That means, if we would use different collection algorithms for young and old objects we can achieve better efficiency compared to single algorithm approach. Using different algorithms requires splitting of heap into two spaces. Space for young objects will have lower density of live, so garbage will be collected efficiently (to compensate high death rate). Space for old objects will have higher density and in most cases large size, this way we can waste less memory for garbage. Cost of memory reclamation in old space will be higher but it will be compensated with lower death rate. In genarationally organized heap new object always allocated in young space, then promoted to older space if they survive (one or several young space collection). Most popular aproach is to use 3 generational spaces:
- space for allocation (eden) - youngest objects,
- survival space - objects survived one collection (survival space is colected together with allocation space),
- tunured (old) space - objects survived several young collections.
Below is a chart showing an example of demography we could expect from our class of application.
On this chart we have several critical points. Most important is period of young space collection. Object live-time distribution have a peak, and it is important to ensure that all this short lived objects are collected in young space. We can control period of young GC, so it is important aspect of tuning. Another key point is a period of old GC, period of old GC depends on how many memory we can waste for garbage in old space (e.i. we are not going to tune old GC period to improve demography chart). Objects with lifetime between these two points are mid-aged garbage. Criteria of good demography is to keep Ryoung >> Rold >> Rmid_aged (there R is death rate in corresponding lifetime diapason).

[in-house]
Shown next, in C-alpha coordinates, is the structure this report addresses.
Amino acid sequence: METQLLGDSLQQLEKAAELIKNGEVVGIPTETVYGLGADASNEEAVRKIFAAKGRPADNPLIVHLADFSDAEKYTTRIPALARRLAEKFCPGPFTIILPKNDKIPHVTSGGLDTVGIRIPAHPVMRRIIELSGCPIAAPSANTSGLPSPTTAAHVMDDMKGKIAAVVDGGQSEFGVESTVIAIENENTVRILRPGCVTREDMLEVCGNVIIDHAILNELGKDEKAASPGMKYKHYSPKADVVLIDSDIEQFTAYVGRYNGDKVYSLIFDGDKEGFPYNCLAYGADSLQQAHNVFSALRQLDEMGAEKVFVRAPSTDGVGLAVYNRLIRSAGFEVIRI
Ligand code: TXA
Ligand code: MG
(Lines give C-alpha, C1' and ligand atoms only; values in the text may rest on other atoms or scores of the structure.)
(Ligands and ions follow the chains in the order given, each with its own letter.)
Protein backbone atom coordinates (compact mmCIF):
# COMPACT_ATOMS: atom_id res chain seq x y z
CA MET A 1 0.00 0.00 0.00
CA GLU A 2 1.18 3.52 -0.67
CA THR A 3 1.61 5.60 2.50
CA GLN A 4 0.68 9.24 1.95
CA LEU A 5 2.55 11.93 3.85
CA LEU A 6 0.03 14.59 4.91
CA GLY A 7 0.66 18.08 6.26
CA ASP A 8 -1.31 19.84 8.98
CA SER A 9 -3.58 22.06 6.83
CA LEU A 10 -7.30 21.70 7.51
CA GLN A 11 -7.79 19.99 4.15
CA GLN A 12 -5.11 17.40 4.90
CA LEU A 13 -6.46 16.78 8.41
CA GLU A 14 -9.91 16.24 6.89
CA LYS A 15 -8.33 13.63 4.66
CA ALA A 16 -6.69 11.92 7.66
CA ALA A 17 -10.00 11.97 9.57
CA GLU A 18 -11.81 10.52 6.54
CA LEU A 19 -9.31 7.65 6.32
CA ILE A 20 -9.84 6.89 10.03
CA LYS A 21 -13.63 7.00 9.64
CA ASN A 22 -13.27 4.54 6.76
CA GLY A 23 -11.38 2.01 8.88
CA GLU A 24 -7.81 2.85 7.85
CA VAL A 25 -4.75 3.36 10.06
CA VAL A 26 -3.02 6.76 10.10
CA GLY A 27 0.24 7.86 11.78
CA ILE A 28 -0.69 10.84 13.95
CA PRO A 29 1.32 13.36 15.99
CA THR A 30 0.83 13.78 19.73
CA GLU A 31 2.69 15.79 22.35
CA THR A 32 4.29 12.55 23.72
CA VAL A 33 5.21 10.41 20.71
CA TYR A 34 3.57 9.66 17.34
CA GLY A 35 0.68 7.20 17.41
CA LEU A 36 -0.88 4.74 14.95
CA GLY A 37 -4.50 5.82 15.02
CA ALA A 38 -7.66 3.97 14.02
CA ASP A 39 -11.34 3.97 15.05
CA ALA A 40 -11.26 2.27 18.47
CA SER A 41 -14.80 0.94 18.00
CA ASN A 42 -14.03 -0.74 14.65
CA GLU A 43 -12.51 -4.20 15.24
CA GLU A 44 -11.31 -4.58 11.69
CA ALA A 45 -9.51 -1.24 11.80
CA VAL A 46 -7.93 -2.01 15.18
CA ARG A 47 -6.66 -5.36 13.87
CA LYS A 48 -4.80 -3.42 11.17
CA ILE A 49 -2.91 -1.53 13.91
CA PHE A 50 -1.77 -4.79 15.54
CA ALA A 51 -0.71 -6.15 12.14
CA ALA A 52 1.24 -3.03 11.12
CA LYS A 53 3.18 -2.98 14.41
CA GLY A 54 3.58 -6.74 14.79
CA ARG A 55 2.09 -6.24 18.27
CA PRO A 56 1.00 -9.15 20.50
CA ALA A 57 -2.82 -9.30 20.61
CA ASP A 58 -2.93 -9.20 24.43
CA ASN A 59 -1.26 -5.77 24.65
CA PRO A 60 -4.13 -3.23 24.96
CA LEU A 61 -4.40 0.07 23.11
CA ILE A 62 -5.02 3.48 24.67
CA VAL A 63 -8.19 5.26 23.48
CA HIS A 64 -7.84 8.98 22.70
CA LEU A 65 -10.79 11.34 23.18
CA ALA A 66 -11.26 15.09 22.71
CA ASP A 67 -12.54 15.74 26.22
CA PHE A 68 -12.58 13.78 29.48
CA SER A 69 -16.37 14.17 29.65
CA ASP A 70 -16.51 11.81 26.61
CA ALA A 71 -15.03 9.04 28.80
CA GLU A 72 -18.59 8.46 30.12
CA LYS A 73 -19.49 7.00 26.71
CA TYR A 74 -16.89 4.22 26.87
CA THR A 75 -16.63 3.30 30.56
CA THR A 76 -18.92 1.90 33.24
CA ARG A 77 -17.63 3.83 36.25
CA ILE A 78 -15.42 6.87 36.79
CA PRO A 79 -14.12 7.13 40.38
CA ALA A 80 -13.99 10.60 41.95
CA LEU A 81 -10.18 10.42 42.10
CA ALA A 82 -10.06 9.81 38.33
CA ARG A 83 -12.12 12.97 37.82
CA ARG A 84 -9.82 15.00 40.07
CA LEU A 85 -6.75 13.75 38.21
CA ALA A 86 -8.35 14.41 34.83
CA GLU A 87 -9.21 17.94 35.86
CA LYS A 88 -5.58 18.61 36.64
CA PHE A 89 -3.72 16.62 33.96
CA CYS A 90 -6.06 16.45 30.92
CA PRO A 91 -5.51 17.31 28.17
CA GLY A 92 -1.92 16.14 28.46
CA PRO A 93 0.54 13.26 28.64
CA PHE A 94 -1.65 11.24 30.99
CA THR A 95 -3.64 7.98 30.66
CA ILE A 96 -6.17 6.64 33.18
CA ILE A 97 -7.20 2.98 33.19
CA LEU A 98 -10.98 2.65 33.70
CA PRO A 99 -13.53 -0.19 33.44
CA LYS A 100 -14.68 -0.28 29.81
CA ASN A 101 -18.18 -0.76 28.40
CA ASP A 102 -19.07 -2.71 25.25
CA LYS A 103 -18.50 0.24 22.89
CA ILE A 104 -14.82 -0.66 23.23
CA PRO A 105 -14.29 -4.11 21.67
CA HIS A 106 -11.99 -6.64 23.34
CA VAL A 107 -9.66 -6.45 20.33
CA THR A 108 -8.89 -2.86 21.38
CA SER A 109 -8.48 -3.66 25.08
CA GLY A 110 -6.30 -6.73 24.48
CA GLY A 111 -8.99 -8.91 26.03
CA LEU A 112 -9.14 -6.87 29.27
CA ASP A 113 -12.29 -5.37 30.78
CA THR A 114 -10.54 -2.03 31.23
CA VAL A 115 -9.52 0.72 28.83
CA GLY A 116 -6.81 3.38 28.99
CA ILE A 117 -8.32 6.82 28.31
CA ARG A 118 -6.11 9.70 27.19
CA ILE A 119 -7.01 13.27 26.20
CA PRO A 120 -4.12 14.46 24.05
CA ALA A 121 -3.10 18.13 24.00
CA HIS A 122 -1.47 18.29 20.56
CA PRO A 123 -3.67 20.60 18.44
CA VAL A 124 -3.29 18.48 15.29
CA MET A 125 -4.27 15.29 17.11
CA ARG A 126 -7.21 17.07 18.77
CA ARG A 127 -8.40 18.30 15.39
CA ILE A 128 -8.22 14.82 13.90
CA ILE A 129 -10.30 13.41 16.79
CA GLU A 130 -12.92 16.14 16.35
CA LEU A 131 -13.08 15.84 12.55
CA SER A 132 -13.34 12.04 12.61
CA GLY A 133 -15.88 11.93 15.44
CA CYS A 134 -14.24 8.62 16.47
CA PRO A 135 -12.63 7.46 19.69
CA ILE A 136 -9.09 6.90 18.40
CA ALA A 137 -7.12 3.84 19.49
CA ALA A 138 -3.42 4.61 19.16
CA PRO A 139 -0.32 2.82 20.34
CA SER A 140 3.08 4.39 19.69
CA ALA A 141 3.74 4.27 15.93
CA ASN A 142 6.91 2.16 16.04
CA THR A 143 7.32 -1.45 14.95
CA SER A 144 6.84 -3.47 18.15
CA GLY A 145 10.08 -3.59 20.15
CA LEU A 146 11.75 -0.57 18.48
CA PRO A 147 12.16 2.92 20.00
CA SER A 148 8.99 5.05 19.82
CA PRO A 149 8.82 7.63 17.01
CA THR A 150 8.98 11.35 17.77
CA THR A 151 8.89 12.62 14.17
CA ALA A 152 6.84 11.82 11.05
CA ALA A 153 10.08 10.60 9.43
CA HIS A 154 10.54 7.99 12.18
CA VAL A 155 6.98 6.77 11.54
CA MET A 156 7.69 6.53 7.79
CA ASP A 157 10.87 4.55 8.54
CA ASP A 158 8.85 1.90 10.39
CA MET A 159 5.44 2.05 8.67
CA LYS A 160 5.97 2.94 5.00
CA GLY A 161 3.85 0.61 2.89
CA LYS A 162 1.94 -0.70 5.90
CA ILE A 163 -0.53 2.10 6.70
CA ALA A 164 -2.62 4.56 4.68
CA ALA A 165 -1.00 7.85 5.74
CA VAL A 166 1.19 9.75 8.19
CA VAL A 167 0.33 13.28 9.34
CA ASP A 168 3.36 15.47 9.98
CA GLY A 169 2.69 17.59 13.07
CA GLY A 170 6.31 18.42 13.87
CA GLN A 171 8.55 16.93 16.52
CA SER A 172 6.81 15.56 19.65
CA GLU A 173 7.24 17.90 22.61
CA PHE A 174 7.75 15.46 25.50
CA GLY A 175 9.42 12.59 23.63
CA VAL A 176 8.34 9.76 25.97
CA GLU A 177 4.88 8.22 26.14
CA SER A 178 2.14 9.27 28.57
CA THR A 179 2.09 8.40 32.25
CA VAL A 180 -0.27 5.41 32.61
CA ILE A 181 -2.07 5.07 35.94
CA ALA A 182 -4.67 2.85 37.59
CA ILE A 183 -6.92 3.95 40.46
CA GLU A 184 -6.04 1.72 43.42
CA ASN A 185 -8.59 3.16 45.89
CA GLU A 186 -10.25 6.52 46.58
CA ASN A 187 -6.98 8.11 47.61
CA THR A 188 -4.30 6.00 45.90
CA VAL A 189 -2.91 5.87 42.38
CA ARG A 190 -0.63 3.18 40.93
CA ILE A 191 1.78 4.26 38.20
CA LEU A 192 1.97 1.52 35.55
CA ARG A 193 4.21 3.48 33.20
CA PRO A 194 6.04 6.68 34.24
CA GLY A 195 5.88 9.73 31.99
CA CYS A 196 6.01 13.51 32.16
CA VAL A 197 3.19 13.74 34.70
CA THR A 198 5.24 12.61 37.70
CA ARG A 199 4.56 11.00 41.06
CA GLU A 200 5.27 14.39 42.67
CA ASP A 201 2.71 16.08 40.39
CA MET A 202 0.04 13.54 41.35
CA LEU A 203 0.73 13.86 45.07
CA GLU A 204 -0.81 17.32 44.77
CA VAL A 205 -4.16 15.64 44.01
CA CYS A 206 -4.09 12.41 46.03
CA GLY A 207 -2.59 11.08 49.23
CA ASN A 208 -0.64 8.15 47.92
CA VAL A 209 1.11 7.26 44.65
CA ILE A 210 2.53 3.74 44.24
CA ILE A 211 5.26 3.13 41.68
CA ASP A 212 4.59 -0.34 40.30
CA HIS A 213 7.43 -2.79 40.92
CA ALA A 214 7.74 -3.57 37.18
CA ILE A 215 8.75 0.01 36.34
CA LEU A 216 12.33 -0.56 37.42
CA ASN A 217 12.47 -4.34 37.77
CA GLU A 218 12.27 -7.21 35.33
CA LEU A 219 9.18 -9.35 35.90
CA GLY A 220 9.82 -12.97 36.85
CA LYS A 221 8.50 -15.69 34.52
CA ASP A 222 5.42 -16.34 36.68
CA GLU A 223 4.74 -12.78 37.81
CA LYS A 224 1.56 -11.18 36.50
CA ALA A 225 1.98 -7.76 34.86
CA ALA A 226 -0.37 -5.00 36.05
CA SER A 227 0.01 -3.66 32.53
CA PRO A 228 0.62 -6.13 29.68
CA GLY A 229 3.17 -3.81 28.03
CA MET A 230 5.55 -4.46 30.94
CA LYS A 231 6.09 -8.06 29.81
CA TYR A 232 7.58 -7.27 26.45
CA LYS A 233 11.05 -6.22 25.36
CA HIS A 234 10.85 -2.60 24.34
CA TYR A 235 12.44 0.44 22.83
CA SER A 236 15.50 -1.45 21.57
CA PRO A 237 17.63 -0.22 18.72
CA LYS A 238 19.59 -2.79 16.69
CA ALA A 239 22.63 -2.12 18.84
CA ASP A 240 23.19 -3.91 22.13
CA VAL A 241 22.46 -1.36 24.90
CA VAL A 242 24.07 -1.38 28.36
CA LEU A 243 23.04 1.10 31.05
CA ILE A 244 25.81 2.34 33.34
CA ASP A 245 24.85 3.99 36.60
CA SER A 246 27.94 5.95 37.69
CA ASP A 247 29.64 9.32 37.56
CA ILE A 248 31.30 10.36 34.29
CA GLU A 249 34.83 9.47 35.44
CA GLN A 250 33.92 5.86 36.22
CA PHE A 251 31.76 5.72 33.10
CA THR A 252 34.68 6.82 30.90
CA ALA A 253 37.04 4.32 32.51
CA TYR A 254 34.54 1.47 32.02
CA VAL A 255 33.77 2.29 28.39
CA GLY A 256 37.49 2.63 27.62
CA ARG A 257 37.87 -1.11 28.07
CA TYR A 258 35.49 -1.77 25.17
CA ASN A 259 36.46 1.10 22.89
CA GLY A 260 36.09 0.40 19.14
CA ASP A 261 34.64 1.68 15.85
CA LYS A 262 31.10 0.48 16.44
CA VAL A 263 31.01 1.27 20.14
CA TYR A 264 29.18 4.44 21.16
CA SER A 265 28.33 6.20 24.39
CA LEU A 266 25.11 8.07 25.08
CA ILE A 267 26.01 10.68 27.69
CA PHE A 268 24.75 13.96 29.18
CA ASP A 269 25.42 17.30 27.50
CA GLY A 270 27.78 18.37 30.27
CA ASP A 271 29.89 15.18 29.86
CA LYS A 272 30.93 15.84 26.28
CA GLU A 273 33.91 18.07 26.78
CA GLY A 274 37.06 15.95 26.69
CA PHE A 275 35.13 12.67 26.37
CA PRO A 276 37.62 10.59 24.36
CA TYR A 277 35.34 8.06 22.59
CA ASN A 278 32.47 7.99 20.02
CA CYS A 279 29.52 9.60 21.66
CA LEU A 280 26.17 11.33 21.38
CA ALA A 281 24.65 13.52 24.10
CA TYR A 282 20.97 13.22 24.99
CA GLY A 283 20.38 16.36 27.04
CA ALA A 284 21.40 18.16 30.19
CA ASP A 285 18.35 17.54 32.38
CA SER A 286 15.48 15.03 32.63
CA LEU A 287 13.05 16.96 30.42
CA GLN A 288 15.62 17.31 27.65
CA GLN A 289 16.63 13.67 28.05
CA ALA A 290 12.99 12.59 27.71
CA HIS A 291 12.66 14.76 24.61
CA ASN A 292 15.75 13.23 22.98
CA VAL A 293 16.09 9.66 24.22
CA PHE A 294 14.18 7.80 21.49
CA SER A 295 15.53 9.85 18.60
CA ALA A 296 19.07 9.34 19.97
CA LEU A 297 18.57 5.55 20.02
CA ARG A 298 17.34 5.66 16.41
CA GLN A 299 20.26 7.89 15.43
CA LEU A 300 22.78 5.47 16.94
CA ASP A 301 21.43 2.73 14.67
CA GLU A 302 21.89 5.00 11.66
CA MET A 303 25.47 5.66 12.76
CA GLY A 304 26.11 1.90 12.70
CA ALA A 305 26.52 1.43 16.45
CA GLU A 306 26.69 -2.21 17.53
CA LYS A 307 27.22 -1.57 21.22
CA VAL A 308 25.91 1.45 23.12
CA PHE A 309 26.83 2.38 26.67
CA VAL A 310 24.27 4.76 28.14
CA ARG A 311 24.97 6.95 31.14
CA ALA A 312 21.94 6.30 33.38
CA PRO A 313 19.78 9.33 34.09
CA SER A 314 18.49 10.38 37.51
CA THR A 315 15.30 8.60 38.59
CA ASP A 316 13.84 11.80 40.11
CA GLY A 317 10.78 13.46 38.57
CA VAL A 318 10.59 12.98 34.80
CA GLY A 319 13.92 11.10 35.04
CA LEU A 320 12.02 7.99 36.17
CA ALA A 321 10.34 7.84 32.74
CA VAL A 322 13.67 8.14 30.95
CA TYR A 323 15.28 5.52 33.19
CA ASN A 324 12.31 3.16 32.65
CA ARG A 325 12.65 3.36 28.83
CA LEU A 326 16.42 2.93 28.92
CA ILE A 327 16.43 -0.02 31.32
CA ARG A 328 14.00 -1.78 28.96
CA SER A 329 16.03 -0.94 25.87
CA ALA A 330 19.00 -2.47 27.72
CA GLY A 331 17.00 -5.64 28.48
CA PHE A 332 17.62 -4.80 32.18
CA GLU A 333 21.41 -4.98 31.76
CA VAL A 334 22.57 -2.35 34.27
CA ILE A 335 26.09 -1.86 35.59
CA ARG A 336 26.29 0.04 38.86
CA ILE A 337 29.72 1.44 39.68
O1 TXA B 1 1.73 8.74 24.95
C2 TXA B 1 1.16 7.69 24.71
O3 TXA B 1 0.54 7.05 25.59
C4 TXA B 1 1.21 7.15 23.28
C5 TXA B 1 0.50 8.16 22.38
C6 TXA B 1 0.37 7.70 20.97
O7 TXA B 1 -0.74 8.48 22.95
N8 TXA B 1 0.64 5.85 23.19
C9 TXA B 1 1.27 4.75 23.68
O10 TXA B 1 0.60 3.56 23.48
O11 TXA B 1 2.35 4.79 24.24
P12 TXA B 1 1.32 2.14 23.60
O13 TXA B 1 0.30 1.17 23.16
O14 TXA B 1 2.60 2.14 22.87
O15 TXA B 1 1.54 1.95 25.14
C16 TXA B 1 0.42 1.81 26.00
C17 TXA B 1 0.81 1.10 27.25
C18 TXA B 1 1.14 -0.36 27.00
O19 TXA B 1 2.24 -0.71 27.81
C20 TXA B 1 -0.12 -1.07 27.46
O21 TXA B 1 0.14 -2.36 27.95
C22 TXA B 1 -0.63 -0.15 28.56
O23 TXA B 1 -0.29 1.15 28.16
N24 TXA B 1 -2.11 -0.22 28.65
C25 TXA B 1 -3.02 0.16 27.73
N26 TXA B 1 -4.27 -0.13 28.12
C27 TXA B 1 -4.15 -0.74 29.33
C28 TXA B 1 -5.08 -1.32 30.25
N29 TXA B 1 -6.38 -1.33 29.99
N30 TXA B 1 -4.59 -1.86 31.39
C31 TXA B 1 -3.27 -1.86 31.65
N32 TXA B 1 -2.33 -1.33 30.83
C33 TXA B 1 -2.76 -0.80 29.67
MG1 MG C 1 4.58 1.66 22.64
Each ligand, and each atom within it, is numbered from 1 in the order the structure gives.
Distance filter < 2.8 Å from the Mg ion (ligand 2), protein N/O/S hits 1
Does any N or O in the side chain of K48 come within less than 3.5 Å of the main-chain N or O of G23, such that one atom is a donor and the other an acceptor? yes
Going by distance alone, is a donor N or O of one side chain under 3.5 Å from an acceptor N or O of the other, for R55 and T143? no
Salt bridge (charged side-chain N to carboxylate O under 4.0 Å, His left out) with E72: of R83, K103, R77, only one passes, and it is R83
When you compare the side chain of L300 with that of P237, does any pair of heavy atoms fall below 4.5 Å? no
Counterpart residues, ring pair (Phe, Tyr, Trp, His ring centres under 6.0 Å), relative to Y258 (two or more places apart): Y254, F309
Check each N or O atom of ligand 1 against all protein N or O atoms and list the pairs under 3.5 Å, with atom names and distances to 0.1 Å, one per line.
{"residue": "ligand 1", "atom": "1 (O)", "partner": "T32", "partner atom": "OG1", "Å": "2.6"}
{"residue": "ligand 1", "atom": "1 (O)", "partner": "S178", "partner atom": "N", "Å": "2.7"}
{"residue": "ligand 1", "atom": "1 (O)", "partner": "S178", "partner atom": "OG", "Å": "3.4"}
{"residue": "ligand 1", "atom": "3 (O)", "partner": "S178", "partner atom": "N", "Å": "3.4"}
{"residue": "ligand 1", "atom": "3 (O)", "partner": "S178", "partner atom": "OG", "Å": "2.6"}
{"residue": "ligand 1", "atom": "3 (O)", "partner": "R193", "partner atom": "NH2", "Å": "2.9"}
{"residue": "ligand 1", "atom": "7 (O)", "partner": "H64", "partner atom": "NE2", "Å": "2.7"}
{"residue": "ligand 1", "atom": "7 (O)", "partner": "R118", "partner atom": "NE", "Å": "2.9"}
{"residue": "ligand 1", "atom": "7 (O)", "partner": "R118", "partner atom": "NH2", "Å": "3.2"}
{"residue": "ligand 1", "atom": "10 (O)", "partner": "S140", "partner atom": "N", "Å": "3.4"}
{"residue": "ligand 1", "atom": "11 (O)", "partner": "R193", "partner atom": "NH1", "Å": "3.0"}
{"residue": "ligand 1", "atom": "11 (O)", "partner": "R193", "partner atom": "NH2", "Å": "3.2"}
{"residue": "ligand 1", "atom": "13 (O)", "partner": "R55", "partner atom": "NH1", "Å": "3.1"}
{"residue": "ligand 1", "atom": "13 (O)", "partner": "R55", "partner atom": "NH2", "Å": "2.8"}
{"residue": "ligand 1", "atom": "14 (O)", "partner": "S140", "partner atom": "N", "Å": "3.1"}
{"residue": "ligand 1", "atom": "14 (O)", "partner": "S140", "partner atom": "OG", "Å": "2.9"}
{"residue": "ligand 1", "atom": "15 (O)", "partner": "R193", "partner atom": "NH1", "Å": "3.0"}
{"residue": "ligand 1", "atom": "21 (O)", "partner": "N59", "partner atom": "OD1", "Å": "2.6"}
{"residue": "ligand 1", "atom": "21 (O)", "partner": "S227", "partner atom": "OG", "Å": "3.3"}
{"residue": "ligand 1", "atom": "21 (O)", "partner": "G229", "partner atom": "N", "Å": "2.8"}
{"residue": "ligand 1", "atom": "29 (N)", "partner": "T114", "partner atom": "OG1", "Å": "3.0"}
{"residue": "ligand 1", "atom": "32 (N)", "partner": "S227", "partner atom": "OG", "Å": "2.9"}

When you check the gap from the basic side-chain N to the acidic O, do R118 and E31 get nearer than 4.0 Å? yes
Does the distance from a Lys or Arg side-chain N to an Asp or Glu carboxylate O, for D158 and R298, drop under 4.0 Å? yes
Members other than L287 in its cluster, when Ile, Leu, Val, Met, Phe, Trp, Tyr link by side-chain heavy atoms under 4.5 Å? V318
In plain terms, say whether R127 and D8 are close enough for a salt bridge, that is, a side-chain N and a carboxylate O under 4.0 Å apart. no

Shape of demography can be improved by tuning young collections (size of young space, size of survival spaces, tenuring threshold). Period of old space collection is dictated to total heap size, and long lived objects death ratio, so it can be considered a constant concerning demography shape.
Fortunately, this is quite natural distribution for server type application which does not execute long transaction this is quite normal distribution. But if length of transactions will exceeds period of young collection they will start contributing to mid-age which is a bad for GC performance. Another treat of GC efficiency is bad caching strategy, producing large amount of mid-aged garbage.
Confirming Demography of the Application
Before starting tuning of GC we must ensure that our application demography is in good shape. Before doing any GC measurement you should come up with some test scenario which ensure constant load to application (performance tests are usually good choice). Instruction below is for HotSpot JVM. If you use other JVM you still can do these measurements using HotSpot (HotSpot only JVM which displays exact demography of objects in young space).